Legislative Report February 9, 2021
The General Assembly got down to business this week, and as promised, legislators prioritized getting their first round of COVID-19 relief funding off to the Governor’s desk. Other bills began to gain traction at the legislature this week, including a bill to reopen schools and a bill to give bar owners a reprieve on their ABC permits. See below for an update on this week at the legislature. Read the full report.
Legislative Report February 1, 2021
Legislators returned to Raleigh on January 27th to officially get started with the 2021 "long" session. Wednesday marked the first day bills were allowed to be filed in either chambers, and thus far a total of 35 bills have been filed in the House and 28 in the Senate. During the previous biennium session, the chambers saw 1,236 and 873 bills filed, respectively. This session's bills are beginning to be referred to policy committees as well, another sign things are truly getting underway. Despite the uptick in action, don’t expect too many floor votes on bills just yet. Speaker Moore doesn’t expect to hold any voting sessions until Wednesday and Thursday of next week. On those days, leadership anticipates mostly taking up time-sensitive, priority legislation, such as a COVID-19 technical funding bill. Read the full report.Legislative Report January 18, 2021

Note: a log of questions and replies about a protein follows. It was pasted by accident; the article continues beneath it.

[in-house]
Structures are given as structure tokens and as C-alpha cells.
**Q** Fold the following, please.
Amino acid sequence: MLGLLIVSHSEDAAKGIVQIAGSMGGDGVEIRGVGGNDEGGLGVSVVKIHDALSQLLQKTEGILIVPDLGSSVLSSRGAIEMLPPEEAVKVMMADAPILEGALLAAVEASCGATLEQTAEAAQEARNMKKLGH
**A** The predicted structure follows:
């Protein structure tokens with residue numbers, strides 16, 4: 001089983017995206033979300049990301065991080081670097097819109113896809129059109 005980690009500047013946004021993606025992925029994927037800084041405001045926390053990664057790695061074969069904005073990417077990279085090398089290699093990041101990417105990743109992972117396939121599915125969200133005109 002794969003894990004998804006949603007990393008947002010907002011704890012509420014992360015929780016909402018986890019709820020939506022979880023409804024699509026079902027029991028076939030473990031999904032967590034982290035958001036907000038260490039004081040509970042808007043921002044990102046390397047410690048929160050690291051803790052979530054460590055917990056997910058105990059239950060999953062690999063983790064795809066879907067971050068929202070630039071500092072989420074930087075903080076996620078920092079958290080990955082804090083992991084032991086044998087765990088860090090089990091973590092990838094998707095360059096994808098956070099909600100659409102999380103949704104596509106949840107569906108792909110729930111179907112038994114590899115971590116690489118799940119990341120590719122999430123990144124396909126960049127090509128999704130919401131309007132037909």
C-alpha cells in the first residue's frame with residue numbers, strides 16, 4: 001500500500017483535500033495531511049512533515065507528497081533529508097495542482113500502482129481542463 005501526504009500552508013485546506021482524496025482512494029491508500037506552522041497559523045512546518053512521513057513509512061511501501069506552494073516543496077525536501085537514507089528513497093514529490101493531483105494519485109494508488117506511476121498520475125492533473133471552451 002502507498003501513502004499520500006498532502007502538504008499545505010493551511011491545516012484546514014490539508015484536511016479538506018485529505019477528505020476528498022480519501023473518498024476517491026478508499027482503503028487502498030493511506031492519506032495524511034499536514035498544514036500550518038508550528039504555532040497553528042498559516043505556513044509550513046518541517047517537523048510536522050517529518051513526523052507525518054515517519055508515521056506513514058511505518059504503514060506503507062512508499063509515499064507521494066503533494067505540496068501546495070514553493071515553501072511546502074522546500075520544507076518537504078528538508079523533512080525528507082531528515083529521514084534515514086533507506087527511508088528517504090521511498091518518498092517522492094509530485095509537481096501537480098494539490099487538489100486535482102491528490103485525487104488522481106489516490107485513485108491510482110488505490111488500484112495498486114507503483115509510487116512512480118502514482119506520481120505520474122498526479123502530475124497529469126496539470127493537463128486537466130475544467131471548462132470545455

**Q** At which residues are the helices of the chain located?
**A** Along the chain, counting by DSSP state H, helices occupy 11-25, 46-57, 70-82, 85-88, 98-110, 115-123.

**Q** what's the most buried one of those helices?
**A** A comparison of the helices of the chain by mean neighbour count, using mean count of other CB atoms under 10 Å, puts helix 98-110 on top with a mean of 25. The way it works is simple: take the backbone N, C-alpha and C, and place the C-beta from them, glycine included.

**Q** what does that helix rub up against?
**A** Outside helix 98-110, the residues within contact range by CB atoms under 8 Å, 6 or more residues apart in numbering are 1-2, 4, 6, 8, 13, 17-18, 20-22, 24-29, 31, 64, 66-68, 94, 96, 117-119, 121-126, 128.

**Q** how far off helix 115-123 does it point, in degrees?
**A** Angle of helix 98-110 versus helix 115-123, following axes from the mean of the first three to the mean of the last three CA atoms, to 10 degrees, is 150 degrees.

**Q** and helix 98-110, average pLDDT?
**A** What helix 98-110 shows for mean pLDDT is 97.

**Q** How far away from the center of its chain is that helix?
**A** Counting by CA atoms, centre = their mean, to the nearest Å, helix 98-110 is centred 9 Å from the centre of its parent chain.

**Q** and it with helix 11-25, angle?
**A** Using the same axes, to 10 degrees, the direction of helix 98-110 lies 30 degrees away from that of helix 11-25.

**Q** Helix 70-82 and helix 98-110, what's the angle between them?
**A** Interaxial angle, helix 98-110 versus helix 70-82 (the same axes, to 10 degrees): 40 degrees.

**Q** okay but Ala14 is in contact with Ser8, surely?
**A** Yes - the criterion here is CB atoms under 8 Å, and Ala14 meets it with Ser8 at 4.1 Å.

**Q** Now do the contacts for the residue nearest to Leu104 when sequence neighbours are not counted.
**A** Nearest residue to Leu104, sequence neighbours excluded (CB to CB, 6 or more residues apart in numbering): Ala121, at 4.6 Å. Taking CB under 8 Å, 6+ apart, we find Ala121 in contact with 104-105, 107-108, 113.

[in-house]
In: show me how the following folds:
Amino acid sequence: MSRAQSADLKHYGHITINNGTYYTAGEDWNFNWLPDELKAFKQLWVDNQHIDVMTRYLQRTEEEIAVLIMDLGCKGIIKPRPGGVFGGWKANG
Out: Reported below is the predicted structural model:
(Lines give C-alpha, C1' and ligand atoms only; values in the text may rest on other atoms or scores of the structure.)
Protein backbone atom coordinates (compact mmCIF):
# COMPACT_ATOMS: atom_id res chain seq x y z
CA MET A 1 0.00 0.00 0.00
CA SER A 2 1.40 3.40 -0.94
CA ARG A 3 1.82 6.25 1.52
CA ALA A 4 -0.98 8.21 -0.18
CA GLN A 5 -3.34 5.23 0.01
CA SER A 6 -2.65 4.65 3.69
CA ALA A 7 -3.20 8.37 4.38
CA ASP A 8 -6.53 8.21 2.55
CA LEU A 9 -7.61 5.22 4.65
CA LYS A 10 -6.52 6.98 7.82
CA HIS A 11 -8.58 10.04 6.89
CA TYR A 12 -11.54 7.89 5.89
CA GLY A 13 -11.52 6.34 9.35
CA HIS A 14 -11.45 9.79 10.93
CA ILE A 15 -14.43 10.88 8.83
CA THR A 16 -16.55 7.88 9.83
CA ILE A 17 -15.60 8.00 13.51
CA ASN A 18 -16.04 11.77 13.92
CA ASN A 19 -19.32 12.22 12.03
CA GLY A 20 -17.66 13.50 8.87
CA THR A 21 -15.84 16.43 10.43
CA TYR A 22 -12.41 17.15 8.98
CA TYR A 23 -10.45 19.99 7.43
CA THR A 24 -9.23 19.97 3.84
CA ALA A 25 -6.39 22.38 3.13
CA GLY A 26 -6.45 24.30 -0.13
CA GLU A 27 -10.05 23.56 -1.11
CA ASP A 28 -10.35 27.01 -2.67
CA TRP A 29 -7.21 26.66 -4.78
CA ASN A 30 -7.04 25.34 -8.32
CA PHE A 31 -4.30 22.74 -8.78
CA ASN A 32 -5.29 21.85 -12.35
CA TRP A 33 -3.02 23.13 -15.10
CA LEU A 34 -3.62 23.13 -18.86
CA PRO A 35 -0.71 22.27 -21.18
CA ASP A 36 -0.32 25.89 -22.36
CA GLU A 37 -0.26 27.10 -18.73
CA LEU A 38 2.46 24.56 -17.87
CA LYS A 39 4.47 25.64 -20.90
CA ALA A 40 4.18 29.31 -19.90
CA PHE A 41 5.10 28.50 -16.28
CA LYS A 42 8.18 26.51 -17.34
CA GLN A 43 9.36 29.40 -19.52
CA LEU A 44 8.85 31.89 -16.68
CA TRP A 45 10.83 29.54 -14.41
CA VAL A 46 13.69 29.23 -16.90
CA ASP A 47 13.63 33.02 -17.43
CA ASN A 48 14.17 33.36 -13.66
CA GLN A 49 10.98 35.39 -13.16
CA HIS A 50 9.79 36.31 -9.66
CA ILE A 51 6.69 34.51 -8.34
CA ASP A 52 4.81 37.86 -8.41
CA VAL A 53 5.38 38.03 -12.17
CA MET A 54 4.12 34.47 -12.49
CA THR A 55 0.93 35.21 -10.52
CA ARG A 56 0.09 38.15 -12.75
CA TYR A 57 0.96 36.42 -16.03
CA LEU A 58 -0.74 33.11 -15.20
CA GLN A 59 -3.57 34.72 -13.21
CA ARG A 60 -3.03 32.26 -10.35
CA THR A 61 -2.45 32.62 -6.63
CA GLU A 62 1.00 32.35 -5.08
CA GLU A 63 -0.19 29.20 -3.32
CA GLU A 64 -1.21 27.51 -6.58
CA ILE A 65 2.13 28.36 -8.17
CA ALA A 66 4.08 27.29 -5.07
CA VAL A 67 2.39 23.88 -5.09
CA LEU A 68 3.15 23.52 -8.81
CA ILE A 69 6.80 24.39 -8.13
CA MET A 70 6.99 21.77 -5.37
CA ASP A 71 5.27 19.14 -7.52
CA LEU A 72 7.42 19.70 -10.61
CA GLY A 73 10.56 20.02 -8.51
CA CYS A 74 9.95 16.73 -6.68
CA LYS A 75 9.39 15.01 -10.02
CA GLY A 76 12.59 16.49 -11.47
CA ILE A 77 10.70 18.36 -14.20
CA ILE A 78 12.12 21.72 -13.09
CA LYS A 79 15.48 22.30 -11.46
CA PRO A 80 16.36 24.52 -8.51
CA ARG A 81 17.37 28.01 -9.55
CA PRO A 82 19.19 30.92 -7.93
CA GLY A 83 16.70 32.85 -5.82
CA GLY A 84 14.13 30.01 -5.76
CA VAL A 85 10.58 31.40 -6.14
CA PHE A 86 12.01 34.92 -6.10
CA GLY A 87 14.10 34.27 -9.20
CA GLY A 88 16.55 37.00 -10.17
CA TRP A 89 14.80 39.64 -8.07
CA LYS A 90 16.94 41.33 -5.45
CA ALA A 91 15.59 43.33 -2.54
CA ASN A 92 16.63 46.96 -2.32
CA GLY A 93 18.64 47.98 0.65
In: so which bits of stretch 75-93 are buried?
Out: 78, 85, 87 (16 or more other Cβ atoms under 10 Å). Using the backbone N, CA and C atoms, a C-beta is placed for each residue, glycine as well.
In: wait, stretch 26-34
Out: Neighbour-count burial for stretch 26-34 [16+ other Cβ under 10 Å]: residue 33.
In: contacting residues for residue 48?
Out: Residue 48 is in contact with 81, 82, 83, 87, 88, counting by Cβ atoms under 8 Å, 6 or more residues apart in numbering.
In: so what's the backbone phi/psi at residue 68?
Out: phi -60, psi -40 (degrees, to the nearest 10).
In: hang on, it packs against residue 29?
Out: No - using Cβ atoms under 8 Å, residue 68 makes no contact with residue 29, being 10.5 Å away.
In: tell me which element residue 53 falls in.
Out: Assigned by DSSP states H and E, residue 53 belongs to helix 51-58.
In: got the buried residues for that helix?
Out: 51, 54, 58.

The General Assembly kicked off the 2021-2022 biennial session on Wednesday, January 13th with opening day speeches, organizing and the approval of the rules that will be used throughout the session. Just like everything else in our world, this day was unlike previous first days as family and friends were not present and the usual celebratory mood was muted. The legislative complex is open to the public, but social distancing rules are in effect and temperature checks are required before entering the building. Masks are not required but were more common among legislators than in the spring and it appears that the leadership of both chambers are highly encouraging members to wear them. Read the full report
2020 Final Legislative Update
Frankly, I have run out of words to describe what is happening in our country and our state – unprecedented, extraordinary, once in a lifetime, shocking, unbelievable. Read the full report.